Alternatives for naming automatic modules, and a proposal (#AutomaticModuleNames)

David M. Lloyd david.lloyd at
Wed Apr 26 16:49:21 UTC 2017

On 04/26/2017 11:27 AM, mark.reinhold at wrote:
> 2017/4/25 5:08:21 -0700, Stephen Colebourne <scolebourne at>:
>> On 24 April 2017 at 19:54,  <mark.reinhold at> wrote:
>>> An explicit module that depends upon one or more modules that are
>>> automatic today is, itself, no more stable than those automatic modules.
>>> It could be broken when those automatic modules are modularized
>>> explicitly, and if it `requires transitive` an automatic module then any
>>> modules that depend upon it could be broken when that automatic module
>>> is modularized explicitly.
>> I find this to be a completely artificial pure view of the world. Most
>> projects do not have internal packages, and if they do, most end-users
>> do not use them. When developers upgrade an artifact in Maven, they
>> expect to have incompatibilities, so a smaller set of packages is just
>> fine. Its a normal part of software development today, not an
>> aberration.
> If developers expect to have to fix incompatibilities when they upgrade
> to a newer version of an artifact then what's wrong, after all, with
> publishing an explicit module that depends upon non-modularized
> components in the form of automatic modules?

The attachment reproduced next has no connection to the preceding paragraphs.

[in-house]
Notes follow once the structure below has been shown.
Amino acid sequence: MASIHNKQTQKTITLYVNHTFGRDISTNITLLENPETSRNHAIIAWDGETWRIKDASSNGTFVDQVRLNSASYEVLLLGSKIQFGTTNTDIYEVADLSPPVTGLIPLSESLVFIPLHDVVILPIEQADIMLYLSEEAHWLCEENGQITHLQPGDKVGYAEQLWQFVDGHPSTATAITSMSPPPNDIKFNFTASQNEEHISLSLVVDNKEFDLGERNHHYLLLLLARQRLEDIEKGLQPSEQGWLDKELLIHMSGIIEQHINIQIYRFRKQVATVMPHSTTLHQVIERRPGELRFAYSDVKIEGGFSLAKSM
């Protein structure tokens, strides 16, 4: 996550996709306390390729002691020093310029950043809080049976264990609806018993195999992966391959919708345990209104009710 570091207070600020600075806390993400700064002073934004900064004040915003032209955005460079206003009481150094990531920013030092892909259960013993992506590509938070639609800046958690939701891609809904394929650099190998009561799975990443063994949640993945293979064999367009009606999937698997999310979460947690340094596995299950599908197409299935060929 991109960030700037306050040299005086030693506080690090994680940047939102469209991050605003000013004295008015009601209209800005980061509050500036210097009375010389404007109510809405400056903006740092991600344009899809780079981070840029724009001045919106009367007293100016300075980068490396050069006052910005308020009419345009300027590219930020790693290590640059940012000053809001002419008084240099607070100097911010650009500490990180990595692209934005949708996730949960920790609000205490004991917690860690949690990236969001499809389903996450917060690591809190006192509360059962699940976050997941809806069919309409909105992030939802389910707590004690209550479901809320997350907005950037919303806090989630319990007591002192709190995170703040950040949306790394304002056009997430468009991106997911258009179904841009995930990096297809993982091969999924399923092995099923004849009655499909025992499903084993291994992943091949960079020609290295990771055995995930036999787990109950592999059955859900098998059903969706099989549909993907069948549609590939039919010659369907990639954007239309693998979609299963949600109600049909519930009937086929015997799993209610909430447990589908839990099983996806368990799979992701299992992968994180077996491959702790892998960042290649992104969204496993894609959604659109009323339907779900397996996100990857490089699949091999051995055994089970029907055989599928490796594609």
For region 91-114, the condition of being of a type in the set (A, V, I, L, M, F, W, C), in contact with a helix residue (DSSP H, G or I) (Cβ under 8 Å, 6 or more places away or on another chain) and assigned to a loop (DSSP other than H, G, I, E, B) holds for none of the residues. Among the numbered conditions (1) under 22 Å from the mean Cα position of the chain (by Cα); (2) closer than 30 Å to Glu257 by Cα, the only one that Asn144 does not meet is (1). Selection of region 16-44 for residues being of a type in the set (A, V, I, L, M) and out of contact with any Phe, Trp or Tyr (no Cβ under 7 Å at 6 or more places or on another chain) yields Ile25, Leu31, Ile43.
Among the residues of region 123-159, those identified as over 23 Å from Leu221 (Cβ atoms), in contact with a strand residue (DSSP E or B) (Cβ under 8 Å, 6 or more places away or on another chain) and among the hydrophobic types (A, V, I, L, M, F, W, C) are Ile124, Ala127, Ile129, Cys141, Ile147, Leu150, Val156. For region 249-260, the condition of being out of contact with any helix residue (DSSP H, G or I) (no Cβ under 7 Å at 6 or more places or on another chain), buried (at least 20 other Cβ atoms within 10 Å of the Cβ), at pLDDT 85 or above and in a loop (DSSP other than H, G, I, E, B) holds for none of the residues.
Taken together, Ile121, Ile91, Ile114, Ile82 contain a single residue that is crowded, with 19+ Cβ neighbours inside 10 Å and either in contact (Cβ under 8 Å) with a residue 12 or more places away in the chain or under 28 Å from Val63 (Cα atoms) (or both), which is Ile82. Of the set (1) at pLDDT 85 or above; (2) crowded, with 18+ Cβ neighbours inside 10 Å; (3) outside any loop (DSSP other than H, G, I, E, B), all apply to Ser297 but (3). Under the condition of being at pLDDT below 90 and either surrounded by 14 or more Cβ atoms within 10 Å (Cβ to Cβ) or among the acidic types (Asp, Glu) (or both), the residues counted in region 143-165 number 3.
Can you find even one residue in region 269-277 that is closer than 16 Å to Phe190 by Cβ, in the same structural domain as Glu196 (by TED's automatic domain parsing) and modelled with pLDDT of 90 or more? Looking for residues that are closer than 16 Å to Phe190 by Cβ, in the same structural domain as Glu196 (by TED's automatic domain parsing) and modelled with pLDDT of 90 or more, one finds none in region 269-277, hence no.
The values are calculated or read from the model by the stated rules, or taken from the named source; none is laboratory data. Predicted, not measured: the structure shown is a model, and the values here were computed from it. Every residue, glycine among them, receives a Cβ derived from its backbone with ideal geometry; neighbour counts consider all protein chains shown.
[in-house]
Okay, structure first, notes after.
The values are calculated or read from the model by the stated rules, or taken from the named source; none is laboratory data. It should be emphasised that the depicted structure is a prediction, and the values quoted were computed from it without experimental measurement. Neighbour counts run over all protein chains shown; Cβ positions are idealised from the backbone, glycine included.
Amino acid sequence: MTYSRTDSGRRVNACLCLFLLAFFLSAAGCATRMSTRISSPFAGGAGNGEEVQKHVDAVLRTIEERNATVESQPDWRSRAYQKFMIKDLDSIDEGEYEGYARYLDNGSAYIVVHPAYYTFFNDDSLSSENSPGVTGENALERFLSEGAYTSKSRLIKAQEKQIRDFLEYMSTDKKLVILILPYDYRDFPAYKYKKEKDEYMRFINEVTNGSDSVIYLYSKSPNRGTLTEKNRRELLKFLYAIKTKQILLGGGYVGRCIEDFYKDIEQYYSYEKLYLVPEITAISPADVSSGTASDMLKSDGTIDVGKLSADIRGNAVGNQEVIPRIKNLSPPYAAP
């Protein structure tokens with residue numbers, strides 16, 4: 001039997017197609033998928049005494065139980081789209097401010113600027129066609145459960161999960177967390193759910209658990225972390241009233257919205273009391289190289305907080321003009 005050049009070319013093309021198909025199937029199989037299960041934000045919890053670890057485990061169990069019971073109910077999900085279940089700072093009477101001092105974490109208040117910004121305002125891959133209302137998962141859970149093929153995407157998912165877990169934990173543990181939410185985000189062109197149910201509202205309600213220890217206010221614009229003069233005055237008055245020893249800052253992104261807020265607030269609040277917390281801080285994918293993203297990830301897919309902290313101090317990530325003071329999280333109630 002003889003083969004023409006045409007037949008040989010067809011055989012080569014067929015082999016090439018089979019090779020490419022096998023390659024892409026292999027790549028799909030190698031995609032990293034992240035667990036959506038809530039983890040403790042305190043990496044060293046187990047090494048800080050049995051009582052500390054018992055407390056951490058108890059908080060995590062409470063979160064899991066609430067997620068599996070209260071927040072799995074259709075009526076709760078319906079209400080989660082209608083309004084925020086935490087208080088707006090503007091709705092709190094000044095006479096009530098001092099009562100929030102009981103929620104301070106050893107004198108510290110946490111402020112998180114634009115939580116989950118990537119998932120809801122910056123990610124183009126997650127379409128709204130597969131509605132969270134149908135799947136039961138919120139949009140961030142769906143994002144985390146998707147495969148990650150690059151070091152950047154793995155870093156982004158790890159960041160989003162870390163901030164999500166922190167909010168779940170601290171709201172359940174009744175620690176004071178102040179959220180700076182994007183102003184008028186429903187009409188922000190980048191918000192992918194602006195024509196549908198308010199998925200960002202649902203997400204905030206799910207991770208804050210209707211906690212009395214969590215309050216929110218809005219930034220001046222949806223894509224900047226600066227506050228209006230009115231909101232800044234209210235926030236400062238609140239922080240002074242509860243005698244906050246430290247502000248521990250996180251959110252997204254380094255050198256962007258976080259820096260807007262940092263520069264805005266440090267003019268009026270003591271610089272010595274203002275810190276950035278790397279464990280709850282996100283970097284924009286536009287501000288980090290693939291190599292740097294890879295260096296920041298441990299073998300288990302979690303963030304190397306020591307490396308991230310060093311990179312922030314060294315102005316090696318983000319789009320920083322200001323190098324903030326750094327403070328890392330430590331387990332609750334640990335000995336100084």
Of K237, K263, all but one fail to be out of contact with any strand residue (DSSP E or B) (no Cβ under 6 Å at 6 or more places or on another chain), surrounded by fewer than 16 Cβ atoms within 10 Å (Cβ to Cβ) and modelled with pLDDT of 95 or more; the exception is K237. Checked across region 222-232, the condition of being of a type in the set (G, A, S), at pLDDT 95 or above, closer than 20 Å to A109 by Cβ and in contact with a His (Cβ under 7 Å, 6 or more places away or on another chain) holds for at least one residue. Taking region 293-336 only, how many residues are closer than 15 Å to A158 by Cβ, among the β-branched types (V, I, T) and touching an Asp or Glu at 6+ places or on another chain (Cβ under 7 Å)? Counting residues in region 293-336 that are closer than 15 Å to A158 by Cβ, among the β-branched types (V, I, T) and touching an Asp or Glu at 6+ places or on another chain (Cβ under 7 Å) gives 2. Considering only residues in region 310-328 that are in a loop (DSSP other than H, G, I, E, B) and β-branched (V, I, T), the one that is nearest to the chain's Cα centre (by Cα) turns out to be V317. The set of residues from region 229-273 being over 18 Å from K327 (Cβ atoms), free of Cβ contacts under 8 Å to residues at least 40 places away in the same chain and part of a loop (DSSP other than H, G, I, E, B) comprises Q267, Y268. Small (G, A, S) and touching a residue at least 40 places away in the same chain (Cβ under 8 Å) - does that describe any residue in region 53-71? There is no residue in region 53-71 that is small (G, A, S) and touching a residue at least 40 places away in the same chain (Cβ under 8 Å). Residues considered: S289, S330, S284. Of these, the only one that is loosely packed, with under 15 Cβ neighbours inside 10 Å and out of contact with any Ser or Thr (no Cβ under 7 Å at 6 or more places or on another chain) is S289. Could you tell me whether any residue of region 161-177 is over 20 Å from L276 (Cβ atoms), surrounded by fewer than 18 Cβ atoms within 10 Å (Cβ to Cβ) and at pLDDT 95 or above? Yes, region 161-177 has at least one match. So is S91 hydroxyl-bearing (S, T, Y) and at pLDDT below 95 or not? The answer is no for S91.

> If one of those automatic modules is modularized later on, and given a
> different name, then how is having to fix that materially different from
> having to fix code that was using a package that's no longer exported?

I'd say the primary difference is that it is almost guaranteed that the 
artifact will have a new name, whereas it's far, far less likely that 
code will be using packages that are not then exported when the 
automatic module is modularized.  The chain of logic where it's OK to 
introduce minor problems because people are used to fixing minor 
problems doesn't hold up.  Minor problems are minor in large part 
because they don't occur frequently.

> If anything it might actually be easier to cope with a module-name
> change, since all you have to do is edit a `requires` directive; code
> that refers to a package that's now encapsulated might require a
> non-trivial rewrite.
> I think I need to reconsider my previous conclusion that explicit modules
> that depend upon automatic modules should never be published for broad
> use [2].  Sure, they have unstable names and unstable APIs but if, as you
> say, people are generally used to fixing minor problems when they upgrade
> then this instability may well be tolerable -- especially since it would
> allow maintainers to modularize whenever they want to rather than only
> after all of their dependencies have been modularized.

Essentially it means that a fully modularized module *must* publish a 
new version every time an automatic dependency is properly modularized. 
This is an unreasonable extra burden to place on developers.

But, I don't believe that any of the pitfalls of automatic modules will 
really matter in practice, particularly as better migration tooling 
(than automatic modules) emerges.


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